Challenges ahead for debris removal at Fukushima — NHK World

” This year will mark the 7th anniversary of the nuclear accident at the Fukushima Daiichi plant that occurred in March, 2011. The plant’s operator is hoping to eventually remove fuel debris from the damaged reactors.

Fuel debris is a mixture of melted nuclear fuel and broken reactor parts. Removing the debris is considered to be the biggest hurdle to the decommissioning of the reactors.

Last year, Tokyo Electric Power Company, or TEPCO, investigated the inside of the containment vessels of 3 reactors and confirmed, for the first time, the existence of lumps that are believed to be fuel debris in the No.3 reactor.

TEPCO plans to conduct a fresh probe of the No.2 reactor this month to confirm whether a mass on the floor under the reactor, observed last year, is actually fuel debris.

The government and TEPCO aim to begin removing debris in 2021. They are planning to determine which reactor to start with, and how to conduct the procedure, during fiscal 2019.

Workers will try this year to figure out which details need to be considered in order to make the decision.

Removing the debris requires thorough safety measures. For example, radioactive materials must be prevented from spreading and workers must be protected from exposure to radiation.

This autumn, the operator also plans to start removing spent nuclear fuel rods from the storage pool of the No.3 reactor building. ”

by NHK World

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Fears of another Fukushima as Tepco plans to restart world’s biggest nuclear plant — The Guardian

” If a single structure can define a community, for the 90,000 residents of Kashiwazaki town and the neighbouring village of Kariwa, it is the sprawling nuclear power plant that has dominated the coastal landscape for more than 40 years.

When all seven of its reactors are in operation, Kashiwazaki-kariwa generates 8.2m kilowatts of electricity – enough to power 16m households. Occupying 4.2 sq km of land along the Japan Sea coast, it is the biggest nuclear power plant in the world.

But today, the reactors at Kashiwazaki-kariwa are idle. The plant in Niigata prefecture, about 140 miles (225km) north-west of the capital, is the nuclear industry’s highest-profile casualty of the nationwide atomic shutdown that followed the March 2011 triple meltdown at Fukushima Daiichi.

The company at the centre of the disaster has encountered anger over its failure to prevent the catastrophe, its treatment of tens of thousands of evacuated residents and its haphazard attempts to clean up its atomic mess.

Now, the same utility, Tokyo Electric Power [Tepco], is attempting to banish its Fukushima demons with a push to restart two reactors at Kashiwazaki-kariwa, one of its three nuclear plants. Only then, it says, can it generate the profits it needs to fund the decommissioning of Fukushima Daiichi and win back the public trust it lost in the wake of the meltdown.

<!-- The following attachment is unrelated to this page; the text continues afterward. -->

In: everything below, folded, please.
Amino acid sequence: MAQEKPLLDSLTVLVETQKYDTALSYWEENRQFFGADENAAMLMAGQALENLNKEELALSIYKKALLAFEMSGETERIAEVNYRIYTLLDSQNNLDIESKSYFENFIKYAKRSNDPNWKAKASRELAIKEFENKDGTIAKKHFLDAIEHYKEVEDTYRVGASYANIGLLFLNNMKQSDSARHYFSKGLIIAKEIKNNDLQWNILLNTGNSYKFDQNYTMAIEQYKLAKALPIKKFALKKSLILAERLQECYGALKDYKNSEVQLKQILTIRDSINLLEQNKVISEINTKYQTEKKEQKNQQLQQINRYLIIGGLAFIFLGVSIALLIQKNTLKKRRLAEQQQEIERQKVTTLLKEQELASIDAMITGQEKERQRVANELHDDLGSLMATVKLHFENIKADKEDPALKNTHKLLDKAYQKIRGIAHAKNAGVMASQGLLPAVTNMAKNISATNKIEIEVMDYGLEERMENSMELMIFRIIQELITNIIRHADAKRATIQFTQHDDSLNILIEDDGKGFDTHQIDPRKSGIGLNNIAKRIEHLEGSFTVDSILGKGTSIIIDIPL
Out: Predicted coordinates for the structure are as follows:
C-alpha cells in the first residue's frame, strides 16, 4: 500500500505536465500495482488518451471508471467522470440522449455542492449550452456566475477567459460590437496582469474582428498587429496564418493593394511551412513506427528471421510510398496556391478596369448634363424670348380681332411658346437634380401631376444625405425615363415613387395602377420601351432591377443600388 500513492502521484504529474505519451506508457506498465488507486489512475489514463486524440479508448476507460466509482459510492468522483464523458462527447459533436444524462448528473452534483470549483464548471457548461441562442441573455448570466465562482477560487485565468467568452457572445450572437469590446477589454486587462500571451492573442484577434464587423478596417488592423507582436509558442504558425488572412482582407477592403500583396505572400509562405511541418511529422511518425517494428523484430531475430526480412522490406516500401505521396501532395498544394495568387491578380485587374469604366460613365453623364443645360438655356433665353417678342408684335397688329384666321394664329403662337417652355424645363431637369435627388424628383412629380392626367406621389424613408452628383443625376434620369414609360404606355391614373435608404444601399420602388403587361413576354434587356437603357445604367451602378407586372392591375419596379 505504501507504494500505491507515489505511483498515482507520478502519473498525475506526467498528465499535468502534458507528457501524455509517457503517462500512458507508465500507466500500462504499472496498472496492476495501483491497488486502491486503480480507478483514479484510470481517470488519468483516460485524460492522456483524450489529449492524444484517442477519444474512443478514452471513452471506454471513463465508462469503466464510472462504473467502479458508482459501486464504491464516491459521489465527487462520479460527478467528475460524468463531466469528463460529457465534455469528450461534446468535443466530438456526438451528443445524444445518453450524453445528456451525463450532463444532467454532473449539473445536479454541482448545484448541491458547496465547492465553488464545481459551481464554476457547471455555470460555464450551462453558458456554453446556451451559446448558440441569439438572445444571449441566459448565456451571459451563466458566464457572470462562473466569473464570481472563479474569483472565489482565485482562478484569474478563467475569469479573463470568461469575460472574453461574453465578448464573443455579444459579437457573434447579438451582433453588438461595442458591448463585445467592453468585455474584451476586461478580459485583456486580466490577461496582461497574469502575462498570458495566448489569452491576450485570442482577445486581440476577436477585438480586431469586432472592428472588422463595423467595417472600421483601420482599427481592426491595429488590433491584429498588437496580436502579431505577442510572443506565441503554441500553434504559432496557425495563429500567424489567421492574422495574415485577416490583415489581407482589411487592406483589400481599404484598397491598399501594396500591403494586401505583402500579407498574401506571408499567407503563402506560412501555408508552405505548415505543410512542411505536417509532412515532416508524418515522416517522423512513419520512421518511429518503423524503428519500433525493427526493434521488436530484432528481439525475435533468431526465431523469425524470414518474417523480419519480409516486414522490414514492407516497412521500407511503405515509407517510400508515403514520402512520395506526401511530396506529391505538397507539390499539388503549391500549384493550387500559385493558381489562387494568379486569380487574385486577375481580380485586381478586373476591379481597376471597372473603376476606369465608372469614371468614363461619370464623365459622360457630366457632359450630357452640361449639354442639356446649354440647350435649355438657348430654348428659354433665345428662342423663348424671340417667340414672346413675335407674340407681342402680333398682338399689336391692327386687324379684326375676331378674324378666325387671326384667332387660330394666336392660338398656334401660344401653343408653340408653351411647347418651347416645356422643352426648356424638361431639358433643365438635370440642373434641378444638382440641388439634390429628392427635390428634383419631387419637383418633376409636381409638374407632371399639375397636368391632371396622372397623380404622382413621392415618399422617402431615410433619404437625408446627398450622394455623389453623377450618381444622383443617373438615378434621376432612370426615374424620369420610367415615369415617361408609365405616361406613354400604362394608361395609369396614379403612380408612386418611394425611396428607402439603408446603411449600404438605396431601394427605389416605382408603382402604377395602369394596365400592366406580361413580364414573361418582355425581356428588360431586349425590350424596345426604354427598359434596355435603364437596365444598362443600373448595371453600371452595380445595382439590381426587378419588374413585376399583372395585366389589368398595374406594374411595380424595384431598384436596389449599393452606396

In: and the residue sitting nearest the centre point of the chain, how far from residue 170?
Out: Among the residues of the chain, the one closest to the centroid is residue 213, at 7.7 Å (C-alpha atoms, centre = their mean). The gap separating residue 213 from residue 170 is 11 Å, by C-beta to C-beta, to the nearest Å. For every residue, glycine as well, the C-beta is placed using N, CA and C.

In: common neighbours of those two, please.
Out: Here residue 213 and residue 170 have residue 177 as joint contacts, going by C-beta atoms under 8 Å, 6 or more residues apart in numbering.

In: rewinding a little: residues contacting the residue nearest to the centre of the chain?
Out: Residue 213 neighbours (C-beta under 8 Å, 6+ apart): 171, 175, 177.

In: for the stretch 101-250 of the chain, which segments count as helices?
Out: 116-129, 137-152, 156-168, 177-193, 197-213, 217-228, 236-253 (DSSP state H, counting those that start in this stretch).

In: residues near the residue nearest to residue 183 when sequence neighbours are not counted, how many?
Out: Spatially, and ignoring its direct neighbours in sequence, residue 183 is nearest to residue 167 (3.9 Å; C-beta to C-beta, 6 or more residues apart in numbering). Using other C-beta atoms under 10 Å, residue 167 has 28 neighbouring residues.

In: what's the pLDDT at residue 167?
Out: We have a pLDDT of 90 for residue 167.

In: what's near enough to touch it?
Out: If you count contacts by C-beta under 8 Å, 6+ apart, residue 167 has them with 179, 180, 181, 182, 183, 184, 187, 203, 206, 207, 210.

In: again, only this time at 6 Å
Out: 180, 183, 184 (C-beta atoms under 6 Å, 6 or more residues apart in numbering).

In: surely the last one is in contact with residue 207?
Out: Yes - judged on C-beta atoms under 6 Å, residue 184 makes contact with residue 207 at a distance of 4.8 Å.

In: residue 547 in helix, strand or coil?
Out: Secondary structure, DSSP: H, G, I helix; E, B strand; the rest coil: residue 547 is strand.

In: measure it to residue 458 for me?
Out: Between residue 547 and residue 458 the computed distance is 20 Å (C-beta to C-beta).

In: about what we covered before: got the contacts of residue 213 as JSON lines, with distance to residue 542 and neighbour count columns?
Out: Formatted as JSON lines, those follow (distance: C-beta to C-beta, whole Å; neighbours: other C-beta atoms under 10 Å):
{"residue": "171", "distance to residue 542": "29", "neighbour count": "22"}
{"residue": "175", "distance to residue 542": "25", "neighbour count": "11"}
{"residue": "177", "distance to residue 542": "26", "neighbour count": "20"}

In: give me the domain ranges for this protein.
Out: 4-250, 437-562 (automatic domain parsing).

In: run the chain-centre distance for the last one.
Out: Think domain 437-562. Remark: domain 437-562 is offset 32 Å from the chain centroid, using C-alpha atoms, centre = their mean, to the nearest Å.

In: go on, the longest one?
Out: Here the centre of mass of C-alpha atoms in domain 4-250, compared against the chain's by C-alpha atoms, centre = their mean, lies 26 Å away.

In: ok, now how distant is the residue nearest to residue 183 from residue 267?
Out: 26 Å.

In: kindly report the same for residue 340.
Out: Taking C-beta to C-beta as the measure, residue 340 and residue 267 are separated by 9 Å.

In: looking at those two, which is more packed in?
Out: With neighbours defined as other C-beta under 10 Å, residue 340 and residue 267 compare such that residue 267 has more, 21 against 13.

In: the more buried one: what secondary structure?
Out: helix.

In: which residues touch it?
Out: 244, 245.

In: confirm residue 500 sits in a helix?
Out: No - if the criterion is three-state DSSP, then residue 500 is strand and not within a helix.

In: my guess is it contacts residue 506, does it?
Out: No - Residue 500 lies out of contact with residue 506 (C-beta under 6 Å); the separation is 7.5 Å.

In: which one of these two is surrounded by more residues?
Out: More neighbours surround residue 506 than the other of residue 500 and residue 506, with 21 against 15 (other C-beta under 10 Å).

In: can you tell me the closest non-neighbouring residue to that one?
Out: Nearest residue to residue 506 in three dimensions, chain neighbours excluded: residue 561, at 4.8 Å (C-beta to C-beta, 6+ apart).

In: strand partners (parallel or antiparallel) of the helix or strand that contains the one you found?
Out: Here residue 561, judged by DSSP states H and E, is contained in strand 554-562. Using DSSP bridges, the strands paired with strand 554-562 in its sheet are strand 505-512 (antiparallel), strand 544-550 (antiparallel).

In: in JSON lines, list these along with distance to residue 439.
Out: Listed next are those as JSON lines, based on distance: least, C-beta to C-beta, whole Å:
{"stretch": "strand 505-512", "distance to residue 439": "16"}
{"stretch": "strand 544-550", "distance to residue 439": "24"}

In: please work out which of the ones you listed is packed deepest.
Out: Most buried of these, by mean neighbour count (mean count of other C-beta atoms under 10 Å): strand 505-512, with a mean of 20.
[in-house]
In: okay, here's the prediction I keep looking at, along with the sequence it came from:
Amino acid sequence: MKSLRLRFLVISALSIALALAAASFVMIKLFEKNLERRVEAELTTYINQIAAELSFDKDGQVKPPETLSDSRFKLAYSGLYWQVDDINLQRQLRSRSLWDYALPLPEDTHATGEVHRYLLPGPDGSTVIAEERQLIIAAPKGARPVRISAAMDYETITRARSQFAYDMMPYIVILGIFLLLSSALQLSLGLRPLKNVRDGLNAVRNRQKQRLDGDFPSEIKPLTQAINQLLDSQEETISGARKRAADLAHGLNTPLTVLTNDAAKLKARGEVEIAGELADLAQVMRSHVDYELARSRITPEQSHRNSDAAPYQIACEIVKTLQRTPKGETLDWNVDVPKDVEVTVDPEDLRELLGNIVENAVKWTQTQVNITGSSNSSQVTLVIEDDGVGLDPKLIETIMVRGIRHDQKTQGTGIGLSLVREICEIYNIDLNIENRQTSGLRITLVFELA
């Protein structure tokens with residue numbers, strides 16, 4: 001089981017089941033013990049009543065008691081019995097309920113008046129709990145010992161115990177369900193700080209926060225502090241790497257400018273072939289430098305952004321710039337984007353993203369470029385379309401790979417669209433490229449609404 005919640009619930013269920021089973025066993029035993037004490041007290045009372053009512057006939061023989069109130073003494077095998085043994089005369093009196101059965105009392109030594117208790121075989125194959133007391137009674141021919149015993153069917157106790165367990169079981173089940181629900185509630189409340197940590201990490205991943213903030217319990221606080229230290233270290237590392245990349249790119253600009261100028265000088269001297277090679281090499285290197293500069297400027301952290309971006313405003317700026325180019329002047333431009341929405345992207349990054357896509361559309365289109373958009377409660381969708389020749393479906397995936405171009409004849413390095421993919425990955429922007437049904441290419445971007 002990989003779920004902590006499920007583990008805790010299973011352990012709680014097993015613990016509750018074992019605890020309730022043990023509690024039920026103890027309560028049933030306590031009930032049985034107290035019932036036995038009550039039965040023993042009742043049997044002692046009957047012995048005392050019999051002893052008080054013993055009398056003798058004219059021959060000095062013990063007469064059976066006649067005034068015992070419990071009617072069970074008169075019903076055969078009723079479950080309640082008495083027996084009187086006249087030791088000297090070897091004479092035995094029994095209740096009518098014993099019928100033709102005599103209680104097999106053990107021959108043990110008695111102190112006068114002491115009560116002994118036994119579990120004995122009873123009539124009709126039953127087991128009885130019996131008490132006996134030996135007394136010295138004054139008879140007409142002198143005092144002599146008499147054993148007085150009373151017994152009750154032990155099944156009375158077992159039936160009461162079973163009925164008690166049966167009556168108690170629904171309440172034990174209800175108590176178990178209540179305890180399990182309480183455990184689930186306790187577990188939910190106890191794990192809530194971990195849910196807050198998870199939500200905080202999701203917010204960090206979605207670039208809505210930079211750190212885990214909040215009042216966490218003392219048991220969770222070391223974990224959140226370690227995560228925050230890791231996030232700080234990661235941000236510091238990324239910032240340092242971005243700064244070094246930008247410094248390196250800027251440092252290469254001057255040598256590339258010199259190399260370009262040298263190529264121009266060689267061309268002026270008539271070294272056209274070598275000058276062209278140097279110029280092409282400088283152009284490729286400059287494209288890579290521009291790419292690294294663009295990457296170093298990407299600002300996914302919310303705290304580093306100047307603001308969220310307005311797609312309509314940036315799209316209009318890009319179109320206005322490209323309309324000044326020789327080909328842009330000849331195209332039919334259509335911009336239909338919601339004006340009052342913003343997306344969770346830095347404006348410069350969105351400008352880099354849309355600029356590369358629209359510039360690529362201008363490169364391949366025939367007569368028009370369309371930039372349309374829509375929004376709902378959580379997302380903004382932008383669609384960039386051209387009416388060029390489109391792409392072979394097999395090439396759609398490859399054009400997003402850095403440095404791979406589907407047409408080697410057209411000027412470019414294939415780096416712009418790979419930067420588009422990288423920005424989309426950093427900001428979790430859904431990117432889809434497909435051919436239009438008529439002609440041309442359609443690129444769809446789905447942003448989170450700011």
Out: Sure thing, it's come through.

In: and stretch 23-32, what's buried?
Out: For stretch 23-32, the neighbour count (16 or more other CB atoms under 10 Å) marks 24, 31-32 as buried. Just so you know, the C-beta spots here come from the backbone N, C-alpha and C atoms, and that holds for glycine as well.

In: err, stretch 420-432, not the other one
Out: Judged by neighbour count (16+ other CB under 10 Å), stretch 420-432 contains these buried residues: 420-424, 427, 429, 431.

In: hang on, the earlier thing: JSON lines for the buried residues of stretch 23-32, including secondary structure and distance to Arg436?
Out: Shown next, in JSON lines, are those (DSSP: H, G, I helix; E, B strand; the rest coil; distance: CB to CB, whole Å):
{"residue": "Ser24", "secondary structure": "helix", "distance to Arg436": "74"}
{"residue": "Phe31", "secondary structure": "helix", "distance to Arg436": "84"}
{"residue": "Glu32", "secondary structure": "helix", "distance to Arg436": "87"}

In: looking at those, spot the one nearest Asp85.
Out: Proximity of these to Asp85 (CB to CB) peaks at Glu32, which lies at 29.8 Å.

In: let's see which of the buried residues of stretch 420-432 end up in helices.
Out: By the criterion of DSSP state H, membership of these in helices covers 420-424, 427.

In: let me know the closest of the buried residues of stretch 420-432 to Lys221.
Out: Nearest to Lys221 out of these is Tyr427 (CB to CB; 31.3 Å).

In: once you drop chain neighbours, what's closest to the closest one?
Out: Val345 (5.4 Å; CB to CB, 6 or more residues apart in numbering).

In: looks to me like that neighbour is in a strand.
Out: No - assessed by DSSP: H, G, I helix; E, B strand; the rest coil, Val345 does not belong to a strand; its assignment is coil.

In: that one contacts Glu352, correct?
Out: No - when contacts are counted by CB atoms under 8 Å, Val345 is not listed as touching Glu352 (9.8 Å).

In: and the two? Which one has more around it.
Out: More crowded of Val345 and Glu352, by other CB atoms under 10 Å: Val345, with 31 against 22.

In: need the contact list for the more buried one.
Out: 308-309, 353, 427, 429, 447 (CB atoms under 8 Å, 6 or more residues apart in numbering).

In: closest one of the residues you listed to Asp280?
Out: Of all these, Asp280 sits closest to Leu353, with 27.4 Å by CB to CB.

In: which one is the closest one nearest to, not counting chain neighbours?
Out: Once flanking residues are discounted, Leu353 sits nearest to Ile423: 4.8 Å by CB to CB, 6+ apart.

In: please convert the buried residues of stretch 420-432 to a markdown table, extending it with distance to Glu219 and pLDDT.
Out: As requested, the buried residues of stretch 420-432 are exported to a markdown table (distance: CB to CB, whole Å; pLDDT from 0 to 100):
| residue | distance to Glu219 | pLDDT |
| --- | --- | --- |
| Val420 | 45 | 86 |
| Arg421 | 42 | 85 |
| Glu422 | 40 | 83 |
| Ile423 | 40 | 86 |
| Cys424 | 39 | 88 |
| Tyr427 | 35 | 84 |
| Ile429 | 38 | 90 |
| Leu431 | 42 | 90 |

This week, Japan’s nuclear regulation authority gave its formal approval for Tepco to restart the Kashiwazaki-kariwa’s No. 6 and 7 reactors – the same type of boiling-water reactors that suffered meltdowns at Fukushima Daiichi.

After a month of public hearings, the nuclear regulation authority concluded that Tepco was fit to run a nuclear power plant and said the two reactors met the stricter safety standards introduced after the 2011 disaster.

Just before that decision, Tepco gave the Guardian an exclusive tour of what it claims will be the safest nuclear plant in the world.

Now, as on the day of the triple disaster that brought widespread destruction to Japan’s northeast coast, Kashiwazaki-kariwa has the look of a working nuclear plant. Just over 1,000 Tepco staff and 5,000-6,000 contract workers provide the manpower behind a post-Fukushima safety retrofit that is projected to cost 680 billion yen ($6.1bn).

They have built a 15-metre-high seawall that, according to Tepco, can withstand the biggest tsunami waves. In the event of a meltdown, special vents would keep 99.9% of released radioactive particles out of the atmosphere, and corium shields would block molten fuel from breaching the reactors’ primary containment vessels. Autocatalytic recombiners have been installed to prevent a repeat of the hydrogen explosions that rocked four of Fukushima Daiichi’s reactors.

Other parts of the sprawling complex are home to fleets of emergency vehicles, water cannon, back-up power generators, and a hilltop reservoir whose 20,000 tonnes of water will be drawn to cool reactors in the event of a catastrophic meltdown.

“As the operator responsible for the Fukushima accident, we’re committed to learning lessons, revisiting what went wrong and implementing what we learned here at Kashiwazaki-kariwa, says the plant’s chief, Chikashi Shitara. “We are always looking at ways to improve safety.